Blind and online: Progress, not perfection, for visually impaired tech users

Today's digital environment has a lot to offer blind computer users, but the Web remains a minefield of frustration.

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The Web minefield

With a robust screen reader, a device can be perfectly accessible, but that's of no benefit to blind readers if it's used to go to inaccessible websites. While certain end-user devices have gotten friendlier for the blind, the Web as a whole remains a source of frustration.

"Most sites are not completely accessible or [are] completely inaccessible," says Chris Danielsen, spokesman for the National Federation of the Blind (NFB). "Most you can use, but there may be little hitches, like not being able to find the Submit button."

"Education sites are a train wreck; a lot of content is put up by professors who don't know how to design properly," says Burton. "Travel sites are another bear; I can't name an airline site that isn't horrible. They take so long that I just have a sighted intern book flights. Hotel sites are another problem -- I just call them."

Every blind Web user has a list of pet peeves, and most fall into themes (see the sidebar). But there is a set of rules that a designer could follow to avoid unknowingly sabotaging blind or other disabled users -- the Web Accessibility Initiative (WAI) of the Web's ruling body, the World Wide Web Consortium in Cambridge, Mass., does indeed publish such guidelines. The current version is the Web Content Accessibility Guidelines (WCAG) 2.0, finalized in 2008.

"We are not a regulatory body and do no enforcement. We do not do certification," says Judy Brewer, director of the WAI. "What we do is address the accessibility of the Web for those with disabilities. Part of that is an effort to develop guidelines for the accessibility of Web content."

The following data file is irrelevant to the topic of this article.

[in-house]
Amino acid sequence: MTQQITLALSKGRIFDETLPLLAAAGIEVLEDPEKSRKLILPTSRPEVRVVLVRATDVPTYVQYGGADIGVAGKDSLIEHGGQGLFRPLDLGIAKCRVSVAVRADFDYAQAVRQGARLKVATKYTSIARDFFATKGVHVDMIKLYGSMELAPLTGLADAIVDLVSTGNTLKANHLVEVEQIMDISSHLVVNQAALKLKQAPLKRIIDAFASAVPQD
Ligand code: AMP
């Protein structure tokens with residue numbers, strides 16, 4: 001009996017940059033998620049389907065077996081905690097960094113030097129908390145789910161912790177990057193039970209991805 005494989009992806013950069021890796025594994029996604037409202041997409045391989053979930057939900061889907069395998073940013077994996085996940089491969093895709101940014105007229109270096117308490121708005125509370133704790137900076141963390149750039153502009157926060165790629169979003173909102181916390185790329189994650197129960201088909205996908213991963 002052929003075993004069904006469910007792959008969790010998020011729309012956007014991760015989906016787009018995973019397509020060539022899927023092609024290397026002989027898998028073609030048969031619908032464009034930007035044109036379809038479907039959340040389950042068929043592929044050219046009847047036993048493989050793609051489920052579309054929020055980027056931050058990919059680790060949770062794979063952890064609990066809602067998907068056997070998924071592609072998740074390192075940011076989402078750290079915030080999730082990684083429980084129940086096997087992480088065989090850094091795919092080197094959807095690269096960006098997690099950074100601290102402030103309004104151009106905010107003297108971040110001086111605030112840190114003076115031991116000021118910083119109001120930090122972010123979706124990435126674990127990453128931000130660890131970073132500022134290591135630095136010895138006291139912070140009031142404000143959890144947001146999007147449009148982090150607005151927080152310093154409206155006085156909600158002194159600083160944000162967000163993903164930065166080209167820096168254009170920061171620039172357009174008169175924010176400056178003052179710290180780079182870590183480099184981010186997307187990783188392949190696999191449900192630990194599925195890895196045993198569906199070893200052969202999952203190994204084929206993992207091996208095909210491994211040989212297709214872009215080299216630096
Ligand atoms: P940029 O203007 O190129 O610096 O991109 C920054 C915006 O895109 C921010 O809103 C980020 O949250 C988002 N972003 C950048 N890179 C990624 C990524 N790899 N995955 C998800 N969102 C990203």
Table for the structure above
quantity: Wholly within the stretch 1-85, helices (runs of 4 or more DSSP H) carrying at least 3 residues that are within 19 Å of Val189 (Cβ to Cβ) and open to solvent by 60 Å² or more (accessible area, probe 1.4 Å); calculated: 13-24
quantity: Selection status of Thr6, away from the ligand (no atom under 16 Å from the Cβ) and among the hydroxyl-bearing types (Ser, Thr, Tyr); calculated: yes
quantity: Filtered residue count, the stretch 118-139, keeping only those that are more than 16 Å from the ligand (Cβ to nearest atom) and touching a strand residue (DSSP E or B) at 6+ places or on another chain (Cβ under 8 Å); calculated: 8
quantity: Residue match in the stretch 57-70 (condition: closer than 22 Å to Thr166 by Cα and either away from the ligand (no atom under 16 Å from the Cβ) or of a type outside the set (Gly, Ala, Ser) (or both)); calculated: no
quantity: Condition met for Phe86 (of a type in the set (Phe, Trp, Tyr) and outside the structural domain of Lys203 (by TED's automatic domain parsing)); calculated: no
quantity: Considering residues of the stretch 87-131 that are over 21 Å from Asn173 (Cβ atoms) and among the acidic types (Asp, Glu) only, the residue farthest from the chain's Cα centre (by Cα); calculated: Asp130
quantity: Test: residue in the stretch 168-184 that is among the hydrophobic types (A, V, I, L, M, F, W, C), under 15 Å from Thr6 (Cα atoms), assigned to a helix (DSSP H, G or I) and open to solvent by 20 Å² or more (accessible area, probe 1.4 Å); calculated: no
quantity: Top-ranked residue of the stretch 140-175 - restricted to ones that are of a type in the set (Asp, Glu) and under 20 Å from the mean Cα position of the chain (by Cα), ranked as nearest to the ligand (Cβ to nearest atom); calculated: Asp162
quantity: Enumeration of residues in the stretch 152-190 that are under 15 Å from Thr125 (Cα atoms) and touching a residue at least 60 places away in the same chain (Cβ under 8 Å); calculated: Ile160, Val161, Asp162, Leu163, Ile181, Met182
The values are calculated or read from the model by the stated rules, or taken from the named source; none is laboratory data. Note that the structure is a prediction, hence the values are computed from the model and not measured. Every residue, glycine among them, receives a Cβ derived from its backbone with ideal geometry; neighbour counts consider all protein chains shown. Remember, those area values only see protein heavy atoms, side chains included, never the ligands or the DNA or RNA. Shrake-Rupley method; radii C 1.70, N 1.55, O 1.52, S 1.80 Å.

The guidelines cover the need for graphics to have alternate text labels -- a leading issue with blind users, as mentioned in the sidebar -- but they also cover disability topics that go beyond vision issues, such as making all functions are available from the keyboard, providing for easy navigation, providing enough time for the user to read and use the information, and avoiding flashing graphics known to trigger seizures in victims of photosensitive epilepsy.

An increasing number of governments have been referencing WCAG 2.0 when establishing accessibility standards, she notes. But in the U.S. the main applicable law (the American with Disabilities Act of 1990, or ADA) was passed before the Web became a workplace necessity for entire categories of workers.

"But there is such a thing as corporate social responsibility," she says. "It is better to be known for being inclusive. Why keep people out? For someone to participate in society today, full access to the Web is important."

To encourage compliance, her organization offers information to help advocates make a business case for Web accessibility, based on social, technical, financial, legal and policy factors. But despite all efforts, "Most computer science people are still not getting a comprehensive education in the diversity of user needs," Brewer adds.

The WAI does not offer certification or consultation, but other organizations and consultants do, often basing the testing on the WCAG 2.0. For instance, Clara Van Gerven, an NFB technology specialist in Baltimore, says that her organization offers compliance certification. A full website assessment, with ongoing consultations, costs $8,000. When clients inquire about accessibility, "often they have no clue as to what's required, and it's common for see them not act on recommendations. If higher management does not care, then nothing will happen," she says.

So far Van Gerven has certified 23 sites, but only a handful of those belong to major corporations, including Target, General Electric, Merck and Newegg. The rest of the certified companies are in the education or disabilities sectors.

About the same number of large enterprises have been convinced to make their websites (and/or their ATM machines) accessible to blind users by Lainey Feingold, a disabilities rights lawyer in Berkeley, Calif. Rather than simply sue, she uses a method she calls "structured negotiation" to get results outside the courtroom.

"They often don't realize that blind people can use computers," she says of the average respondent. "Blind people may be calling the customer service lines, but sometimes a lawyer is needed to get the issue put before the right people."

The various sites that have been revamped for accessibility may constitute a drop in the bucket, Feingold acknowledges. "But those drops send out ripples."

Lamont Wood is a freelance writer in San Antonio. He is blind in one eye.

Copyright © 2012 IDG Communications, Inc.

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